Monday, December 20, 2010

Did you get a Flu Shot this year? If you did not, then you really messed up the market for flu vaccine. See the supply and demand analysis within! No, it is not as bad as having the flu, I promise...

WSJ: Flu-Shot Demand Droops; Prices Fall

""Drugstores, supermarkets and some doctors' offices are slashing prices or offering other kinds of deals on flu vaccine this year amid weaker-than-expected demand.

Last fall, hordes of worried parents, pregnant women and others drove demand for a limited supply of H1N1 flu vaccine as the swine-flu pandemic spread across the country, eventually infecting an estimated 61 million people in the U.S. and killing more than 12,000.

Demand for the separate, seasonal flu shot also was strong, largely because of the hysteria surrounding H1N1. Most venues ran out of seasonal flu vaccine by early November.

This year, supplies of the seasonal flu shots are bigger than ever: Manufacturers produced and distributed 163 million doses of the vaccine, compared with the 110 million doses distributed last year. Retailers and doctors' offices stocked up, pushing inoculations earlier and harder in the belief that heightened awareness of flu and a new government recommendation that all Americans over six months of age should get inoculated would drive strong demand....""

A couple of things are going on here that affected the market for flu shots.  There was an anticipation that the demand for flu shots would be greater than last year because of the swine flu epidemic and an increased awareness of the dangers of not being inoculated. In response to this anticipated demand, manufacturers increased the supply of vaccine, relative to the quantity produced last year. This is ripe for a basic supply and demand analysis...with graphs!!!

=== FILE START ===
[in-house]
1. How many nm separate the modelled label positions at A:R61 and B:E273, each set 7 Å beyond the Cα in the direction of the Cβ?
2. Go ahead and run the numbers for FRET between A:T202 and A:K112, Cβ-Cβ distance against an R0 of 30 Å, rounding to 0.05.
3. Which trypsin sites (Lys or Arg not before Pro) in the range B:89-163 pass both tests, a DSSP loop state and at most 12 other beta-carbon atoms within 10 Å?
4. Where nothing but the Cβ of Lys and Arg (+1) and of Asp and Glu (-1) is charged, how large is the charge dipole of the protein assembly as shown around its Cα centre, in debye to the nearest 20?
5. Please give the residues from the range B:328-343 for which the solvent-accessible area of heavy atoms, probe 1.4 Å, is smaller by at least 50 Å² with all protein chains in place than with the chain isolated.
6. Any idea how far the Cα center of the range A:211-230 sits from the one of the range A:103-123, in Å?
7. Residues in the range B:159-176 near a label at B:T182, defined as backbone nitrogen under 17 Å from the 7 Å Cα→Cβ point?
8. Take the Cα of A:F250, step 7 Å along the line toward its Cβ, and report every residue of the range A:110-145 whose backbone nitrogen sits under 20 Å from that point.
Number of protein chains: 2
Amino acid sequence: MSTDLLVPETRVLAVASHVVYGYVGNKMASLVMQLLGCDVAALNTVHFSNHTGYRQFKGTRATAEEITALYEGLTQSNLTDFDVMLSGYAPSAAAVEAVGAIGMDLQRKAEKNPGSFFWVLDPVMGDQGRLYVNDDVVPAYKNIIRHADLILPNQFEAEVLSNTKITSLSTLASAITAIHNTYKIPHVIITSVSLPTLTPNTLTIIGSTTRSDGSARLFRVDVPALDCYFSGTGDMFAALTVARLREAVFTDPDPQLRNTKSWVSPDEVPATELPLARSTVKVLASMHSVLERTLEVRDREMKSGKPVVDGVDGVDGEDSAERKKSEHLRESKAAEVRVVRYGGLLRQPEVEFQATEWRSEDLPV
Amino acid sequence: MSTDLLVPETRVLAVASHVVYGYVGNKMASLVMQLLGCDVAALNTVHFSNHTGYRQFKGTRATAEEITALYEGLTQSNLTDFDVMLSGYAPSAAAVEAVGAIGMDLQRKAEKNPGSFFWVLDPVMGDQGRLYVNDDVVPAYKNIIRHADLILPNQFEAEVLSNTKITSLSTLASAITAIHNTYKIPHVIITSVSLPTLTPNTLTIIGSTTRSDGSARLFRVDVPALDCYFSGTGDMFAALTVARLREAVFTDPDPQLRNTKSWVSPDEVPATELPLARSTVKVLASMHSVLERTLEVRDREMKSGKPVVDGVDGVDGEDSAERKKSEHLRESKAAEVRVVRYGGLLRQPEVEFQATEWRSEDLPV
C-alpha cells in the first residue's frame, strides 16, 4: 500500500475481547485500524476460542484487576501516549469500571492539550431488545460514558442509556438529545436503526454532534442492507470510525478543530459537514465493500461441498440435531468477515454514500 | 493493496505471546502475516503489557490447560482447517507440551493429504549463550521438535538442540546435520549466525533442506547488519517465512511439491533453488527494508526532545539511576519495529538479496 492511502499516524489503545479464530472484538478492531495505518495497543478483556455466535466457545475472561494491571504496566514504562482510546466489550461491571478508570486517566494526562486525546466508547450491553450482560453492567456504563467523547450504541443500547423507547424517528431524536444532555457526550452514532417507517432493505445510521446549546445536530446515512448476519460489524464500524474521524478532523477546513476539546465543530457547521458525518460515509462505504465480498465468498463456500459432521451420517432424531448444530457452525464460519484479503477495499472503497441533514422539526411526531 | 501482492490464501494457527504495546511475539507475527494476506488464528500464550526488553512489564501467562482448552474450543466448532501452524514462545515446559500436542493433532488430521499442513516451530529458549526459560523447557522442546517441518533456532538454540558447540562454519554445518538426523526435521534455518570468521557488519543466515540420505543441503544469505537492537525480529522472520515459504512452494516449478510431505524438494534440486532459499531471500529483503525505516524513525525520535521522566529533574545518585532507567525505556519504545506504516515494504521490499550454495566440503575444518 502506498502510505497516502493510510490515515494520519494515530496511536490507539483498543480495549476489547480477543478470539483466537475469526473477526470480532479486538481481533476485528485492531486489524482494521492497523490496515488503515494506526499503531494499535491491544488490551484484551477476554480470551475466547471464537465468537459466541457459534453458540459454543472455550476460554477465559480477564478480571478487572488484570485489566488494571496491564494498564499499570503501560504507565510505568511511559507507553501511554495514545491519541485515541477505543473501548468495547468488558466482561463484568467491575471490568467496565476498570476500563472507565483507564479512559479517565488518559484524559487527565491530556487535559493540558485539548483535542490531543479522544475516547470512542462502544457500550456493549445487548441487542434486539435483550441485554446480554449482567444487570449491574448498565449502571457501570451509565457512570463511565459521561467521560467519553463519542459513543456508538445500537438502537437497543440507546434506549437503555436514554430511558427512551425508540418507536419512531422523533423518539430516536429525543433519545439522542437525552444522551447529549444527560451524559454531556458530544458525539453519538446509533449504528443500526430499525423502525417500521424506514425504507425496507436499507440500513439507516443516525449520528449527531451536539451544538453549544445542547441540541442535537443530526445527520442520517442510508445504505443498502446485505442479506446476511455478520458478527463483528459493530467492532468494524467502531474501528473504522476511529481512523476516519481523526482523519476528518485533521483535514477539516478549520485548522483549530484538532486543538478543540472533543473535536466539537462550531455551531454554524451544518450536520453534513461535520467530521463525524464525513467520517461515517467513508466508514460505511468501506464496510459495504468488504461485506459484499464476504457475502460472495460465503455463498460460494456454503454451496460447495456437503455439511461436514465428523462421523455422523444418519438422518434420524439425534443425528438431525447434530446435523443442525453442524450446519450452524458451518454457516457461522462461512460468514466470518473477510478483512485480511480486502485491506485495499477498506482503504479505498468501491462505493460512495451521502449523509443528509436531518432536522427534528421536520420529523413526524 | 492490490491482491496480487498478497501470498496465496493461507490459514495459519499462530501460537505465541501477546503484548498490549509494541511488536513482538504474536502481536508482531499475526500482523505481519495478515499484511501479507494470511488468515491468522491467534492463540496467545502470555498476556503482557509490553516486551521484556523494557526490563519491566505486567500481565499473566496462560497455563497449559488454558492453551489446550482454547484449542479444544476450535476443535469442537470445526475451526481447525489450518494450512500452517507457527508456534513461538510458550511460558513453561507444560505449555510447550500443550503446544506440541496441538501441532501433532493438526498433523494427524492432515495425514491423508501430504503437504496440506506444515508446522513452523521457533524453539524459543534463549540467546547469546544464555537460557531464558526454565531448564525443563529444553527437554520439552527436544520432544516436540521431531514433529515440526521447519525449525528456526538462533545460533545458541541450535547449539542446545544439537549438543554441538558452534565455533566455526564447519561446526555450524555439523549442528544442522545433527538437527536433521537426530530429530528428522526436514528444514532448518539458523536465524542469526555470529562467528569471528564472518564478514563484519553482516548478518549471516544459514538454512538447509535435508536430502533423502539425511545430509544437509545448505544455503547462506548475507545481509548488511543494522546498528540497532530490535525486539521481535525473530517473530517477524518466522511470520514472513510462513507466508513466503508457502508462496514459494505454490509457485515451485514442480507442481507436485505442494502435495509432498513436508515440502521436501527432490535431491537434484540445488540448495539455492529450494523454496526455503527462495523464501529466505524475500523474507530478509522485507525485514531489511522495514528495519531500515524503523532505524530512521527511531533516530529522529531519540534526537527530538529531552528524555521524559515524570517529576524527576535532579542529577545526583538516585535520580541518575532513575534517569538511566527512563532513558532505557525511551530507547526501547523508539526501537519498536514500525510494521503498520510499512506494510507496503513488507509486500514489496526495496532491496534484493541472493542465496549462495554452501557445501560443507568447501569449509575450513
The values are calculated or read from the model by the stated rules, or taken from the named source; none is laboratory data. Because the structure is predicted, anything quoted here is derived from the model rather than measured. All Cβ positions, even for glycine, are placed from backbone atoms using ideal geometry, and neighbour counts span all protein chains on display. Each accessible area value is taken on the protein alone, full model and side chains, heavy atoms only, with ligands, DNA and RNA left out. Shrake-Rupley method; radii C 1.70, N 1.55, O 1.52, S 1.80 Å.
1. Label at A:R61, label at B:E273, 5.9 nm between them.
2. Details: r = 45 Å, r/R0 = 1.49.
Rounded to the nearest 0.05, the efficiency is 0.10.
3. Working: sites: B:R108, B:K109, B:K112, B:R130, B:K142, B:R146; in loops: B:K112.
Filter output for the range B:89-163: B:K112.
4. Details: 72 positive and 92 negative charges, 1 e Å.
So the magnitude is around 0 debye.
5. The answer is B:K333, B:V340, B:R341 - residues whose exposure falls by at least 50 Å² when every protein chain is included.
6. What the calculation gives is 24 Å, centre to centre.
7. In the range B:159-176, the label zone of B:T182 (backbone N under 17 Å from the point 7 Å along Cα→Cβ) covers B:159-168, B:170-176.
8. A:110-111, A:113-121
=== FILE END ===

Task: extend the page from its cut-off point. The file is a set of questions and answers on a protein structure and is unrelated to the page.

The first graph shows the market in equilibrium BEFORE the market shift in demand and supply. Using the numbers in the article, the market price is $25 and the market quantity is 110 million, point "A". Assume the market "clears" at this price and quantity. 

The next graph shows the INCREASE in Supply of Flu Vaccine.  The Supply curve shifts to the RIGHT (S* to S1) to show that at every price, the quantity supplied of vaccine is 53 million units GREATER, relative to S* (163 million vs 110 million).
Simultaneously, we will assume the presumed anticipated increase in demand occurs. In the next graph, the demand curve shifts to the right (D* to D1), indicating that at every price, the quantity demanded of vaccine is 53 million units GREATER, relative to D* (163 vs 110). 
Our market is back at the same equilibrium price ($25) BUT at at higher market quantity (163 million), point "B".  It all works out, right???

The article suggests that Demand did not respond as anticipated for a variety of reasons.  Lets assume that Demand did NOT shift all BUT retailers and doctors did not recognize this immediately and the try to maintain the $25 price for the vaccine.  How does this affect the market?
Our market is out of equilibrium. Let's clear the clutter of this graph and look at simplified one below. At $25 the quantity demanded is 110 million units (point "A"), but the quantity supplied is 163 million units (point "B")--Quantity Demanded does not equal Quantity Supplied! In fact the Quantity Supplied EXCEEDS the Quantity Demanded by  53 million units, which means we have a SURPLUS of vaccine.

How does a market "clear" this surplus?  Shown below, by decreasing the price and moving ALONG the DEMAND curve (point "A" to Point "C") increasing the quantity demanded at the lower price. Moving ALONG the SUPPLY curve (Point "B" to "C"), decreasing the quantity supplied at the lower price. A new market clearing price ($15) and market quantity (140) are established. 

Full Disclosure: I am 50 years old and have never had a flu shot. I am playing with fire, I know.  Hmmm....what is the unseen consequence of this?.....Oh, right,....DEATH! Guess I should go get one...
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